My 8th. most popular blog post — with 578 views so far — offers 12 tips on how to travel alone as a woman.
For me and for many women I know, of all ages, it’s just no big deal. For others, going to a movie or concert or eating a meal in public, certainly at a good restaurant likely filled with couples or groups of friends, remains a prospect so intimidating they refuse to even try. They feel conspicuous, lonely, out of place.
If you fear doing things alone, you’re always going to be clinging to others, seeking the comfort or validation of their company, like a small child with a tattered blankie. Or, as many women do, choosing to hang onto any man with a pulse because then they’re not single and alone anymore.
(So not true. I was the loneliest of my life when married to my first husband.)
I think it also depends on the friends, family and community you live in, and your ability to ignore or withstand peer pressure. Not to mention housing costs!
I’ve spent many years alone, living alone, no man in sight , or certainly none who would be around for very long. I grew up an only child and grew accustomed to amusing myself — with books, art, music, friends, stuffed animals or Legos.
I left home at 19 and lived alone in a very small studio apartment. I did that until I moved in with a boyfriend at the age of 21 or 22 and lived with him until I was 25 and moved to France for a year. I returned to Toronto and we broke up and I lived alone til I was 30 and met the man I would marry. He and I divorced when I was 37 and someone else — seriously! — proposed to me within the month, a much older man who’d been lusting after me (who knew?) for decades.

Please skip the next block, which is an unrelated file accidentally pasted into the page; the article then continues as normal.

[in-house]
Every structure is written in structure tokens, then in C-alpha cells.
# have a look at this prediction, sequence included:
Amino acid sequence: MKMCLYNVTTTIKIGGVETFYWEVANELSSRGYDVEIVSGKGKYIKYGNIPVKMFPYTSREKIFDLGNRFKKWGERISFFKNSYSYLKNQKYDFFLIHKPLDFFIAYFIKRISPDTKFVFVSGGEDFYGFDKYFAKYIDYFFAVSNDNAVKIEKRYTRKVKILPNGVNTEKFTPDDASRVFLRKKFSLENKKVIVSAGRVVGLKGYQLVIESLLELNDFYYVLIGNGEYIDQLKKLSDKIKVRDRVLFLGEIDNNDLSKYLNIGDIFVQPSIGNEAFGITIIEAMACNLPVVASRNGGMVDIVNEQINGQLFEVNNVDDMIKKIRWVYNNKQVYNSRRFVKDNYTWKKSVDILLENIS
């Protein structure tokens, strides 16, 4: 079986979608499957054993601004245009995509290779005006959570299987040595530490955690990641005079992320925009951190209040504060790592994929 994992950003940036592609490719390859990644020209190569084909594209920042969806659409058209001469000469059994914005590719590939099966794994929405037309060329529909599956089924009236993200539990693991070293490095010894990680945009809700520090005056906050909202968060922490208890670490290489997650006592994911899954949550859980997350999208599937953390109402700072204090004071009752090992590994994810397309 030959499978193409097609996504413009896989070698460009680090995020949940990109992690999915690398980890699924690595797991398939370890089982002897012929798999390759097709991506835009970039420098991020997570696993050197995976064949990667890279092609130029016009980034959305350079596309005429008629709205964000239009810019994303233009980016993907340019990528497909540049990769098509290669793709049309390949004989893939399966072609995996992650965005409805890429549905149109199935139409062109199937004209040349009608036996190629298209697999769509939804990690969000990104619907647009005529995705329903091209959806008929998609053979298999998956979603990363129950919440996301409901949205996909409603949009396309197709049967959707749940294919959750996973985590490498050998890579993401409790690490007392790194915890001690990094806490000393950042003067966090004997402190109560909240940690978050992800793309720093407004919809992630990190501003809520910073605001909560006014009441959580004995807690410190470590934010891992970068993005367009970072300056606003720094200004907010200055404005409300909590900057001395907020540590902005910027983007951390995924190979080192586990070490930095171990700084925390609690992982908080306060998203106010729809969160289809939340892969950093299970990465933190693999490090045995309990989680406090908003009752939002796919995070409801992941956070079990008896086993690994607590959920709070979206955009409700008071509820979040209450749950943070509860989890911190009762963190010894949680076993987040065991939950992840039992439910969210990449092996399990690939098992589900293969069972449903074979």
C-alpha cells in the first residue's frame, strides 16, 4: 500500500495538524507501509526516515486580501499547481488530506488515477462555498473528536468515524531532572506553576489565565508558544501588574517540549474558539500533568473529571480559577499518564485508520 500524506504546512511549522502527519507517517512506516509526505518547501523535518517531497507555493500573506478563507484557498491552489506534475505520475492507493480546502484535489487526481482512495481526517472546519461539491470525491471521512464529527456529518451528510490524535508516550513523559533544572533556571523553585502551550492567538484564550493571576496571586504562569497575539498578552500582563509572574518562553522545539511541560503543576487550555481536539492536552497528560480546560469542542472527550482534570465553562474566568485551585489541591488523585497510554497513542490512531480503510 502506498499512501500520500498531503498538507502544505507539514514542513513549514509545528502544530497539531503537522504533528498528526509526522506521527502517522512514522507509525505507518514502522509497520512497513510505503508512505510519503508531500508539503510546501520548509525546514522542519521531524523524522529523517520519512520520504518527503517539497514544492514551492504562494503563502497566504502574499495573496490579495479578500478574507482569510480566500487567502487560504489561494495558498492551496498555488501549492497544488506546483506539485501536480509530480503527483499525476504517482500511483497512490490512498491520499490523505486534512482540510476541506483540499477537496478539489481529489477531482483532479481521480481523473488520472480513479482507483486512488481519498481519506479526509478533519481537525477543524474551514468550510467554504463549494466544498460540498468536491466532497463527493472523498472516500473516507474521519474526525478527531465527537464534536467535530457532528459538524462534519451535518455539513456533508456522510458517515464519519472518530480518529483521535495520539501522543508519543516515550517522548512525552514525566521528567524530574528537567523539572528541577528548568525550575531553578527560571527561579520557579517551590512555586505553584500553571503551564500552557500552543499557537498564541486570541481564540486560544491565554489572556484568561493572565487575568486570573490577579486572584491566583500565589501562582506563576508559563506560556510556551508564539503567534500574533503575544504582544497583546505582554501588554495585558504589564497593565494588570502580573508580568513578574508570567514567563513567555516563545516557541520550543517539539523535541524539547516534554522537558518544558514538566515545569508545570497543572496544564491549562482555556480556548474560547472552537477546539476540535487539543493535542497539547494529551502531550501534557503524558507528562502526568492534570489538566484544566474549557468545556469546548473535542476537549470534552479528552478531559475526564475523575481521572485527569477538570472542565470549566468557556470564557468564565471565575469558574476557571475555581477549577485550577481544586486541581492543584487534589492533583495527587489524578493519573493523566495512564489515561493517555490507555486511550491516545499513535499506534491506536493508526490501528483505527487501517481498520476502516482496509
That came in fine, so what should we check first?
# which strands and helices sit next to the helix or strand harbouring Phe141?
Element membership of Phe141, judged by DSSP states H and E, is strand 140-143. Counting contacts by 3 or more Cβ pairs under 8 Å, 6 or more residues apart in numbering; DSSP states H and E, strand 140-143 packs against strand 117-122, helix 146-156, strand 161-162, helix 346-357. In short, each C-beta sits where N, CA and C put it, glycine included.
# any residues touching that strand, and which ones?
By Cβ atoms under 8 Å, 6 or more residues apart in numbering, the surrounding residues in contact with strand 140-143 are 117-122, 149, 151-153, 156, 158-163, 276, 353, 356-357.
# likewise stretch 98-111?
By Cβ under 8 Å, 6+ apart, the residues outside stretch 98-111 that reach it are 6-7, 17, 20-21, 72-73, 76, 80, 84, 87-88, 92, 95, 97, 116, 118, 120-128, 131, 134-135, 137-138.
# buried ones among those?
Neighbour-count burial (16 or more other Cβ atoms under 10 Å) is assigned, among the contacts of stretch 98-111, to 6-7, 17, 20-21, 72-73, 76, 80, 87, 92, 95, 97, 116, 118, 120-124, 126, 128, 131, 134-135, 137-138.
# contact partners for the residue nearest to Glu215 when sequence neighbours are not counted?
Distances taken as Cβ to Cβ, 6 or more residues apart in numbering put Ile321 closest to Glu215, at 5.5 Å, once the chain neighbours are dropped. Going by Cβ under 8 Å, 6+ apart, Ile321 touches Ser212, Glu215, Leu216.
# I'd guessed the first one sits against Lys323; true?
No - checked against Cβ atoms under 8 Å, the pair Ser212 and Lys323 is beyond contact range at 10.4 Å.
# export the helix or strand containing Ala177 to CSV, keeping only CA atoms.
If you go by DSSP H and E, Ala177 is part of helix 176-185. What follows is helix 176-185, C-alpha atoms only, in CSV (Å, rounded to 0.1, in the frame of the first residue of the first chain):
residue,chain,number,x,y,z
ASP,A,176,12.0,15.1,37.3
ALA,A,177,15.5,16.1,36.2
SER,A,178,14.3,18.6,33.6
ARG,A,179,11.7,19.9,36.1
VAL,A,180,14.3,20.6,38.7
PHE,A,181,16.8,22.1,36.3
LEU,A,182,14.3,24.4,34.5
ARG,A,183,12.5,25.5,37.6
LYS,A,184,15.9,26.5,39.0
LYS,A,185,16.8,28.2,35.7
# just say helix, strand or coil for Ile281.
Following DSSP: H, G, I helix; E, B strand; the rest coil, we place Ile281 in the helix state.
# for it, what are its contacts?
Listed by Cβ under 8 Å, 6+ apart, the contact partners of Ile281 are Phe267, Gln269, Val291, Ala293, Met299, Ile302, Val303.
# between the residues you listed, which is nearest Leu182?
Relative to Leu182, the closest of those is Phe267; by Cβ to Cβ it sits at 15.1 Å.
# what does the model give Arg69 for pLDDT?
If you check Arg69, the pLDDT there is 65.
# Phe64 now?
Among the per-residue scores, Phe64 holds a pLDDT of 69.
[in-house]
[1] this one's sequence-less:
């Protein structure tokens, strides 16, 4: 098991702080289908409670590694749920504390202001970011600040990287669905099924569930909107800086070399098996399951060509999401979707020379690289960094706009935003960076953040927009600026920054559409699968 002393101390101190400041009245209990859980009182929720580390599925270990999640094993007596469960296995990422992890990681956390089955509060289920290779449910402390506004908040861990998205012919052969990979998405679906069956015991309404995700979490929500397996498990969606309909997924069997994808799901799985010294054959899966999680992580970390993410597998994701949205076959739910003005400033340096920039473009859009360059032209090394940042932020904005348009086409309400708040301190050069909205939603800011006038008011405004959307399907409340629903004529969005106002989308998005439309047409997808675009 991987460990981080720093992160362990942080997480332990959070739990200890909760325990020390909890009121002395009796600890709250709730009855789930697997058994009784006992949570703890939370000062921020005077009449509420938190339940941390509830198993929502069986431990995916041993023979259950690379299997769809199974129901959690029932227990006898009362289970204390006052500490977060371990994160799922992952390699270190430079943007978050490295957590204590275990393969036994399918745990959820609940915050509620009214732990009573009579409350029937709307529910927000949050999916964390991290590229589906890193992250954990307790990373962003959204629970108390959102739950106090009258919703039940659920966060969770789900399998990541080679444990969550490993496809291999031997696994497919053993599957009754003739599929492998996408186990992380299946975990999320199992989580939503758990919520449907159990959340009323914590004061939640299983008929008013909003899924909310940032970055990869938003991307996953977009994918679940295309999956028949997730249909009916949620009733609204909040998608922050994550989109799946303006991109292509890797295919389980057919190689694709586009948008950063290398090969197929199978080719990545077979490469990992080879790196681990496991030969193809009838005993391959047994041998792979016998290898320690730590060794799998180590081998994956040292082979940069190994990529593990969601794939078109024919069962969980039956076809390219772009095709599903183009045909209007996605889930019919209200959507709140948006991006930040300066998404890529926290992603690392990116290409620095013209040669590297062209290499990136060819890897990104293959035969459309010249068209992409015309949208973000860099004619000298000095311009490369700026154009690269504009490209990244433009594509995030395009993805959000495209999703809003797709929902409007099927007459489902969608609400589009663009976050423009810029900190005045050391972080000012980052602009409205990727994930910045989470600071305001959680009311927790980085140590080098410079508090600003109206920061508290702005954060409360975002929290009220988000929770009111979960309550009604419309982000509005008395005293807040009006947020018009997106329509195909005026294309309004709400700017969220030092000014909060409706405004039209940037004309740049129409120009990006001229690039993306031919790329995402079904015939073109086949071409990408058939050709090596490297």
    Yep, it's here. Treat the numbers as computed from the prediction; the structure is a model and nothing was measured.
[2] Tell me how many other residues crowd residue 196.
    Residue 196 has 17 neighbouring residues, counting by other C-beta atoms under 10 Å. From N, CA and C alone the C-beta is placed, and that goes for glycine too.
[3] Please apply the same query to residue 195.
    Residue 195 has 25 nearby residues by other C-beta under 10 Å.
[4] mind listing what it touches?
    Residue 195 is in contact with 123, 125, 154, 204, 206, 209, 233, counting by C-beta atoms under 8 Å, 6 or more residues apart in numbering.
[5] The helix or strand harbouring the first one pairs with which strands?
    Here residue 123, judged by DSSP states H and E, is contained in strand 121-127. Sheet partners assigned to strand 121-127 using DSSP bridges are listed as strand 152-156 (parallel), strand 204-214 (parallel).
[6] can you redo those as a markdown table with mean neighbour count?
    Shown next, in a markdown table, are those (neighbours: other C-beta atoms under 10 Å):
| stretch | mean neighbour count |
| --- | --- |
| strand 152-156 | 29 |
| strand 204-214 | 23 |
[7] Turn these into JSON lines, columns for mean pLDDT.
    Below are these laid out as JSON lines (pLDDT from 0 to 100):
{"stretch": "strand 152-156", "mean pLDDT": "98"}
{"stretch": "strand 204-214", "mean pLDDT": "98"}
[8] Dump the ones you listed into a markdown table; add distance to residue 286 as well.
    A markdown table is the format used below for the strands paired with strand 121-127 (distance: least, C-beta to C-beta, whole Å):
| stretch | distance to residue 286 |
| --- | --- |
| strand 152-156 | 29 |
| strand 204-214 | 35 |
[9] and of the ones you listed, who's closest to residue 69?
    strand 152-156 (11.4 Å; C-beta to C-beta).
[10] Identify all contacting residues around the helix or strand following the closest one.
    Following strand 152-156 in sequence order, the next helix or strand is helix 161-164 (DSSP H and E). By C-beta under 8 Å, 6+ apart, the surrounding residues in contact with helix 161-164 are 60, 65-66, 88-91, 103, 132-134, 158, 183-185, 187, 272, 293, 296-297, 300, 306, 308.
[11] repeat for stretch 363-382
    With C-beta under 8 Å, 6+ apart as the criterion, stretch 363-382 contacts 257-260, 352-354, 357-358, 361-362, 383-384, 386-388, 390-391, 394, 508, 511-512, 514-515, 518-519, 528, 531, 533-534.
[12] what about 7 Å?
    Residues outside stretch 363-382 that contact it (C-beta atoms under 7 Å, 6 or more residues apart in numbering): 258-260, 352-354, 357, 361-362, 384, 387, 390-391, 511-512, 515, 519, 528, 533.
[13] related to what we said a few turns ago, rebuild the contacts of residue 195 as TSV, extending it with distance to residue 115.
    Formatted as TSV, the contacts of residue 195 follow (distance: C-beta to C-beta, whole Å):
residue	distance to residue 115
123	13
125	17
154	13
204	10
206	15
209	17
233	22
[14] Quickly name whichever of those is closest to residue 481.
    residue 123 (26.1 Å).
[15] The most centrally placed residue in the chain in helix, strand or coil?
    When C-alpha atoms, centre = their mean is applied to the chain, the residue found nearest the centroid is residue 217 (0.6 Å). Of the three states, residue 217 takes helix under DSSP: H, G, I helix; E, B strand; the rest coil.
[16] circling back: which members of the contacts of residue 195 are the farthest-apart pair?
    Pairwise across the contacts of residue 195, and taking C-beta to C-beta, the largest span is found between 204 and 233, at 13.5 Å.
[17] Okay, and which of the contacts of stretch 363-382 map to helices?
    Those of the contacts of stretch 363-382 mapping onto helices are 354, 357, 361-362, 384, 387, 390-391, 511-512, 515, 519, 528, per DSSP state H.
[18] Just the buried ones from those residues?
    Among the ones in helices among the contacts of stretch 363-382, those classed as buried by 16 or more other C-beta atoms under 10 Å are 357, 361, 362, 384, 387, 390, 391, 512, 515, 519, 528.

I said no thanks, and lived alone until I was 43 when Jose moved into my apartment.
I never hated being alone. But it’s not easy.
Living alone costs a fortune, especially in the United States where, if you are self-employed or out of work, you must buy health insurance for yourself and it’s insanely expensive; in the late 1990s I was then paying $500 a month.
It can get really lonely, certainly as you age, if your pals are booked solid with caring for their husbands or wives and kids and grand-kids and work. Finding, creating and nurturing your own communities is essential to your mental and physical health.
Being alone, for older women especially, can mean descending into terrifying and degrading poverty, a very real issue for those who earned little, saved little and/or spent many unwaged years (without earning Social Security) to bear and raise children.
Being alone is apparently the new norm. From a recent issue of Time magazine:
The extraordinary rise of solitary living is the biggest social change that we’ve neglected to identify, let alone examine.
Consider that in 1950, a mere 4 million Americans lived alone, and they made up only 9% of households. Back then, going solo was most common in the open, sprawling Western states–Alaska, Montana and Nevada–that attracted migrant workingmen, and it was usually a short-lived stage on the road to a more conventional domestic life.
Not anymore. According to 2011 census data, people who live alone–nearly 33 million Americans–make up 28% of all U.S. households.
Here’s a fellow blogger who thinks this is a sad trend, especially for older people.
And here’s a new book on the subject.
Do you live alone?
How do you like it?